COVID-19 impacts driving up acute hunger in countries already in food crisis
The Global Network Against Food Crises (GNAFC) held a high-level event to present a review of the most recent global data available on how the knock-on effects of the COVID-19 pandemic are driving up acute hunger in vulnerable countries that were already wracked by food…
The Global Network Against Food Crises (GNAFC) held a high-level event to present a review of the most recent global data available on how the knock-on effects of the COVID-19 pandemic are driving up acute hunger in vulnerable countries that were already wracked by food crises even before the novel coronavirus arrived on the scene. The meeting was also important for international resource partners and relevant actors to discuss emerging priorities, financing and programming implications in light of COVID-19.
New data related to the Democratic Republic of the Congo, for example, reveal that the central African nation has now become the world’s largest food crisis in terms of absolute numbers of the acutely food-insecure – a staggering 21.8 million people. This, as the impacts of COVID-19 related control measures aggravated pre-existing hunger drivers in the country: insecurity and armed conflict, an extended economic slump, and heavy rains and flooding.
The Director-General of the Food and Agriculture Organization, QU Dongyu, told the event, convened on the sidelines of the UN General Assembly, that it was critical to work together before the situation deteriorates and, focusing on prevention and early warning systems and actions. Qu also highlighted the importance of data collection and “global differentiation”, which are the basis of FAO’s Hand-in-Hand, an initiative aimed at partnering developed countries with those most in need to accelerate agri-food system transformation and sustainable rural development. He noted that the Hand-in-Hand Initiative includes the recently-launched Geospatial Platform for data collection.
Mark Lowcock, the United Nations’ Under-Secretary-General for Humanitarian Affairs and Emergency Relief Coordinator, told the high-level side event that the current food crisis was the biggest the world had seen for 50 years but stressed that it was not too late to act to prevent acute hunger from becoming a long-lasting problem.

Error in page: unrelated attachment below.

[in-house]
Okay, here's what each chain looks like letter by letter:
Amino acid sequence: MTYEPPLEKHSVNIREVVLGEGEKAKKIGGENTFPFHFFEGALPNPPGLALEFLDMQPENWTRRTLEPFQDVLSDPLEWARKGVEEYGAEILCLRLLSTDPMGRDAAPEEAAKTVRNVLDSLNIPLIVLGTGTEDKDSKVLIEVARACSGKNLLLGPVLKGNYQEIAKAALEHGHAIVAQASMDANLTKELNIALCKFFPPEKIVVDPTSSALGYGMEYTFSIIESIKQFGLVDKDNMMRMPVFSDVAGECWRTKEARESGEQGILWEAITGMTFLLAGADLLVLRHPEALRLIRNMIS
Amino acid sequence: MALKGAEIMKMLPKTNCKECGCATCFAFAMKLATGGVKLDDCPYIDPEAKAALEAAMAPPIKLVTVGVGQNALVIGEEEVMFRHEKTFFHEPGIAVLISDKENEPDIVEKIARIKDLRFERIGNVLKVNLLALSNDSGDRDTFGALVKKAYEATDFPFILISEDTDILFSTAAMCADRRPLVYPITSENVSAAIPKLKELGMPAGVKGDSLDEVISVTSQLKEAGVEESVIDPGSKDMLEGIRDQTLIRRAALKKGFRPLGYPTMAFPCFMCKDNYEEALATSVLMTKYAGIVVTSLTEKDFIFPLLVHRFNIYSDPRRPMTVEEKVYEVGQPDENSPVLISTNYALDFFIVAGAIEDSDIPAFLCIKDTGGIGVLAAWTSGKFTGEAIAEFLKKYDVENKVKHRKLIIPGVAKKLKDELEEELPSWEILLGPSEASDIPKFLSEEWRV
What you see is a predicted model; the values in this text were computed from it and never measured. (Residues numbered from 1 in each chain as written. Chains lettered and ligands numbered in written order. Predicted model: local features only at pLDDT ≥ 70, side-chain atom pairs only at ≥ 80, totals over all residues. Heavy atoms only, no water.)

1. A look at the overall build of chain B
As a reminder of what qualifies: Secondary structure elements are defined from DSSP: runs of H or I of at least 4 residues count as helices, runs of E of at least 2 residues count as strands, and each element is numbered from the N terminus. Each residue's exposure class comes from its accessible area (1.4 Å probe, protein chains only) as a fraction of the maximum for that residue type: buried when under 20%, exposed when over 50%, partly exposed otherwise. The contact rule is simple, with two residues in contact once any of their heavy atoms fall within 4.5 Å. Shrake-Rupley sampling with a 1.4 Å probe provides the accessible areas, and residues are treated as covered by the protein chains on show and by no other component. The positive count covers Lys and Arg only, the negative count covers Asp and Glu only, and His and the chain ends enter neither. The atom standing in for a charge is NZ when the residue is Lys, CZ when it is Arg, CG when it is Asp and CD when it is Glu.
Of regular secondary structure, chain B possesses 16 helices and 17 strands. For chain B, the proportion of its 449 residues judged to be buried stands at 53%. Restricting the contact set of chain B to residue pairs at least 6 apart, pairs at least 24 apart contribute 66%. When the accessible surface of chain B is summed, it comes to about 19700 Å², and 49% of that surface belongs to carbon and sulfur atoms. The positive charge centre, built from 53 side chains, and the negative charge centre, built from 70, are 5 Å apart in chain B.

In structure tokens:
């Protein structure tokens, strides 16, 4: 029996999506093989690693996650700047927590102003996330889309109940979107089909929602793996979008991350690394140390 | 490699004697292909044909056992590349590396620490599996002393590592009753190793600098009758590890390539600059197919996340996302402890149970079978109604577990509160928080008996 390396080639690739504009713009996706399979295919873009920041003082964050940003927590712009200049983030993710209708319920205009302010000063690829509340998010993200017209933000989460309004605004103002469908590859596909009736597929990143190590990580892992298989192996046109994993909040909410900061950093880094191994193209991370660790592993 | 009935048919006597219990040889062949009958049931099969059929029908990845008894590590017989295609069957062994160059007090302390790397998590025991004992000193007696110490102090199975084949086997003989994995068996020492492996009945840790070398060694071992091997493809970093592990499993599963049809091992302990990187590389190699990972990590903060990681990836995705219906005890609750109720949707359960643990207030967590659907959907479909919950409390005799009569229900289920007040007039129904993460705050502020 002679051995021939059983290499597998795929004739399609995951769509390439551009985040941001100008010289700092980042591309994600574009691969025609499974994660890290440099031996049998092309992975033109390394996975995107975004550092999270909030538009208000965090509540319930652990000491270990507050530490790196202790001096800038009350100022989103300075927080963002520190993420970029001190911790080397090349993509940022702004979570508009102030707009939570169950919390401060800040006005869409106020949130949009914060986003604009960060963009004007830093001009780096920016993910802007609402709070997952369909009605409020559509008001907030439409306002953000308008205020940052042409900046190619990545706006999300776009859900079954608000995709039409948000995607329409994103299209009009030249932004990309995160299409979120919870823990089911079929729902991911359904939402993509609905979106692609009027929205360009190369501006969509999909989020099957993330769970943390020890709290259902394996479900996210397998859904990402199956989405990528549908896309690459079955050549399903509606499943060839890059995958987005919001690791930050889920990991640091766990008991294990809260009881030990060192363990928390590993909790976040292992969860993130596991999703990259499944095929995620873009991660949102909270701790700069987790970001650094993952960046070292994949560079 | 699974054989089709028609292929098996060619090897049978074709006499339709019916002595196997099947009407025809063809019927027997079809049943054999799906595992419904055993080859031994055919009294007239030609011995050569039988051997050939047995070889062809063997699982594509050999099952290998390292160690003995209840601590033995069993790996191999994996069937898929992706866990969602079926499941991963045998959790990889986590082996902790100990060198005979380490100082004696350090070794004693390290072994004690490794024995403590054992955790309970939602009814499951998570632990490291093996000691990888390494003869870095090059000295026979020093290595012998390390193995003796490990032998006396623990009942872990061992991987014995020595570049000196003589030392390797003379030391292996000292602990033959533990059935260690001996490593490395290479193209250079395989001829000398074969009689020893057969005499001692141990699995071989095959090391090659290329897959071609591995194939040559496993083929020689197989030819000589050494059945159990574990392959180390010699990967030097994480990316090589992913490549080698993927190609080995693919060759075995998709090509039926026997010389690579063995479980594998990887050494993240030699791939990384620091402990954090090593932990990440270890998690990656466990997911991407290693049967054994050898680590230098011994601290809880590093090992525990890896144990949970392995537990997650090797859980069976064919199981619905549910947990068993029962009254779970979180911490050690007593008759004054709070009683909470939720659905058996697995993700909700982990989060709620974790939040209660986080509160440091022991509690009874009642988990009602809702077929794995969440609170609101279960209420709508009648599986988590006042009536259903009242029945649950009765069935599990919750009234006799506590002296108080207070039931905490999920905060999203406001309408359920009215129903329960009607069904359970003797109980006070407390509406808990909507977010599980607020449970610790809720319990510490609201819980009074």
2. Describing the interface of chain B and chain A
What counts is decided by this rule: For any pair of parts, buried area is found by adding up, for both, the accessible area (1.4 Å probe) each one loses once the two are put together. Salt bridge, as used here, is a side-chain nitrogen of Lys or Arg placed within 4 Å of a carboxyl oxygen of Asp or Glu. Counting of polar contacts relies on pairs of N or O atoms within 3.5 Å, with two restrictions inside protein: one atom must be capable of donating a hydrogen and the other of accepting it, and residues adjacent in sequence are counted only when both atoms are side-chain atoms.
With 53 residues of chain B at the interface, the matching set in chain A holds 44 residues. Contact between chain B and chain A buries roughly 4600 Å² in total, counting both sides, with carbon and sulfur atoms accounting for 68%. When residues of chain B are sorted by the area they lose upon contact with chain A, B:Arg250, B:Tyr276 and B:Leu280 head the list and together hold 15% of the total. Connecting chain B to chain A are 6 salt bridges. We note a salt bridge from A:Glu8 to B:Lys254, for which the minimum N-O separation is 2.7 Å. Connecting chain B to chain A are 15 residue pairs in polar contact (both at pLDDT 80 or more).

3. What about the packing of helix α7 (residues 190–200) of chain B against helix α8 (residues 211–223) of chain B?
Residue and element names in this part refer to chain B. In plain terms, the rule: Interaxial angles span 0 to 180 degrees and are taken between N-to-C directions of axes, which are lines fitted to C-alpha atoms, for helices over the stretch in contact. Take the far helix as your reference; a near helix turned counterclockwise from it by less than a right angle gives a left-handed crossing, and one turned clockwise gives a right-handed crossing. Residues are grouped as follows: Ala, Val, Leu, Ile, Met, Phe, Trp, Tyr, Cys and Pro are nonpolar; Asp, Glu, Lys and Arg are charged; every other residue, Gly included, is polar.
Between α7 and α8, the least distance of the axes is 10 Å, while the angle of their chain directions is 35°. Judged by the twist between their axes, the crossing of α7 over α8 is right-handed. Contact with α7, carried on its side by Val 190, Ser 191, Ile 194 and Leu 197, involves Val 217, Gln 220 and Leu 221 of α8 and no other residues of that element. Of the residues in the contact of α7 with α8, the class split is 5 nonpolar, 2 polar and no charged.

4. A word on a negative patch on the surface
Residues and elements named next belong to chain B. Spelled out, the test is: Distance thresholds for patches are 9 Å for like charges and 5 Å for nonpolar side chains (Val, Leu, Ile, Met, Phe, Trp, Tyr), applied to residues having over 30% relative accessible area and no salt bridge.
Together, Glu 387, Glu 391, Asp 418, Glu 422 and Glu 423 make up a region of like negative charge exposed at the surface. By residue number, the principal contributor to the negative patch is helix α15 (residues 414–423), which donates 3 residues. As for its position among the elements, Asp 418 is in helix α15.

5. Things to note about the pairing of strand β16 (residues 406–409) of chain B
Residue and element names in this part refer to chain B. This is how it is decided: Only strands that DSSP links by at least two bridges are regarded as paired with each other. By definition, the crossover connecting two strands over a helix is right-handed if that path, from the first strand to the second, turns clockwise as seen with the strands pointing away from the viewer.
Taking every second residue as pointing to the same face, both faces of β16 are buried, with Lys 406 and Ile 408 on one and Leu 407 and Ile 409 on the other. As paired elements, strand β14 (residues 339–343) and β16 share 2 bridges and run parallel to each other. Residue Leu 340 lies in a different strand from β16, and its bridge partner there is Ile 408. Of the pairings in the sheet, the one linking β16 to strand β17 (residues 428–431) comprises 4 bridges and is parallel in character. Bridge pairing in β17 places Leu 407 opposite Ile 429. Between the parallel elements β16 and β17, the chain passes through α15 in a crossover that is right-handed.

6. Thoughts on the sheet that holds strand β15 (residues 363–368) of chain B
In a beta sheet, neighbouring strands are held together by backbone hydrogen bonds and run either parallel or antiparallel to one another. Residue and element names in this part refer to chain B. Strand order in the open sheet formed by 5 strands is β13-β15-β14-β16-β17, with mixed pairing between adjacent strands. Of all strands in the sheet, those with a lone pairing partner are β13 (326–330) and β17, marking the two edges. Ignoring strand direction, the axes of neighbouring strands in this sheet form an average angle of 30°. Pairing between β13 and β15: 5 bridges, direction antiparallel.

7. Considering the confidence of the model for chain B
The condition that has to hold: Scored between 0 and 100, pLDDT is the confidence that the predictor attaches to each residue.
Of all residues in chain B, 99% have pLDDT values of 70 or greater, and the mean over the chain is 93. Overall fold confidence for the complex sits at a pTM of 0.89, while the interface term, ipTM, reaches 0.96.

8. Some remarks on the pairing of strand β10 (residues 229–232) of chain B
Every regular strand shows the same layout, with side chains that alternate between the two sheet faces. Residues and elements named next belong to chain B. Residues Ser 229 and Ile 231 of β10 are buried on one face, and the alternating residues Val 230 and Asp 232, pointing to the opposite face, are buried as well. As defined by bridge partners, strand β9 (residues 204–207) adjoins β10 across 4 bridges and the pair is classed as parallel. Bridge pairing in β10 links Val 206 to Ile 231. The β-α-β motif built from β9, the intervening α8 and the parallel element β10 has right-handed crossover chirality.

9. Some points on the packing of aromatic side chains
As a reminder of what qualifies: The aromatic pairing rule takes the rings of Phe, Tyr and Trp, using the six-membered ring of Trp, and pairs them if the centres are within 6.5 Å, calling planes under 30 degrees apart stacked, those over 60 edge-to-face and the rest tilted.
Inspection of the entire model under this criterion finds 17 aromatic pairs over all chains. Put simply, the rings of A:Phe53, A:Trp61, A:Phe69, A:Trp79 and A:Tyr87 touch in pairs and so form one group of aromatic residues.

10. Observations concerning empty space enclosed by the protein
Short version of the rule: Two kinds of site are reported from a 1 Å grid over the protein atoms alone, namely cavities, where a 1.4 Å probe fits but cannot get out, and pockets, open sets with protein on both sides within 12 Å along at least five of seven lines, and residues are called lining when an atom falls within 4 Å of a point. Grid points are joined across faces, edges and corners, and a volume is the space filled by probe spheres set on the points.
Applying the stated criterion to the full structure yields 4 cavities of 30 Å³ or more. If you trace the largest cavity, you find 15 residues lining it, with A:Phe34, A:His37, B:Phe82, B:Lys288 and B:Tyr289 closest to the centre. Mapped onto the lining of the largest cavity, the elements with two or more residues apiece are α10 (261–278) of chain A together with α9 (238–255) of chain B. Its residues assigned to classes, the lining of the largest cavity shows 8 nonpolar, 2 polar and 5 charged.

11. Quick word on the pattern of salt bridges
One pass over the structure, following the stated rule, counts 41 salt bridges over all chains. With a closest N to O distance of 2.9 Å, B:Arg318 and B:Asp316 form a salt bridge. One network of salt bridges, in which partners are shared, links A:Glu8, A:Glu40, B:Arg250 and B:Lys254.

The EU Commissioners for Crisis Management, Janez Lenarčič, and for International Partnerships, Jutta Urpilainen, called for stronger coordination among humanitarian and development actors, and ensured the commitment of the European Union to strengthen the GNAFC.
Hunger hotspots continue to heat up
In addition to the Democratic Republic of the Congo, the worst deteriorations in acute hunger in recent months have taken place in Burkina Faso – which has witnessed a nearly 300 percent uptick in the overall number of people experiencing acute hunger since the start of 2020 – as well as Nigeria, Somalia and the Sudan, according to a synthesis report presented today by the Global Network. The report provides an update on the 55 countries that were identified by the Network in early 2020 as already being in food crises as of late 2019. Large increases in the overall number of acutely hungry people have been registered in northern Nigeria (a 73 percent increase, to 8.7 million people), Somalia (67 percent increase, to 3.5 million people) and the Sudan (64 percent increase, to 9.6 million people, or nearly a quarter of the country’s population).
In terms of the prevalence of acute food insecurity among a country’s population, four countries (Central African Republic, Honduras, Lesotho and Somalia) have experienced an increase of more than 10 percentage points in the share of people facing acute hunger. In the Central African Republic, for example, today half the total population is so food insecure that they require urgent assistance.
The acute hunger situation is also deteriorating in Eswatini, Haiti and Honduras.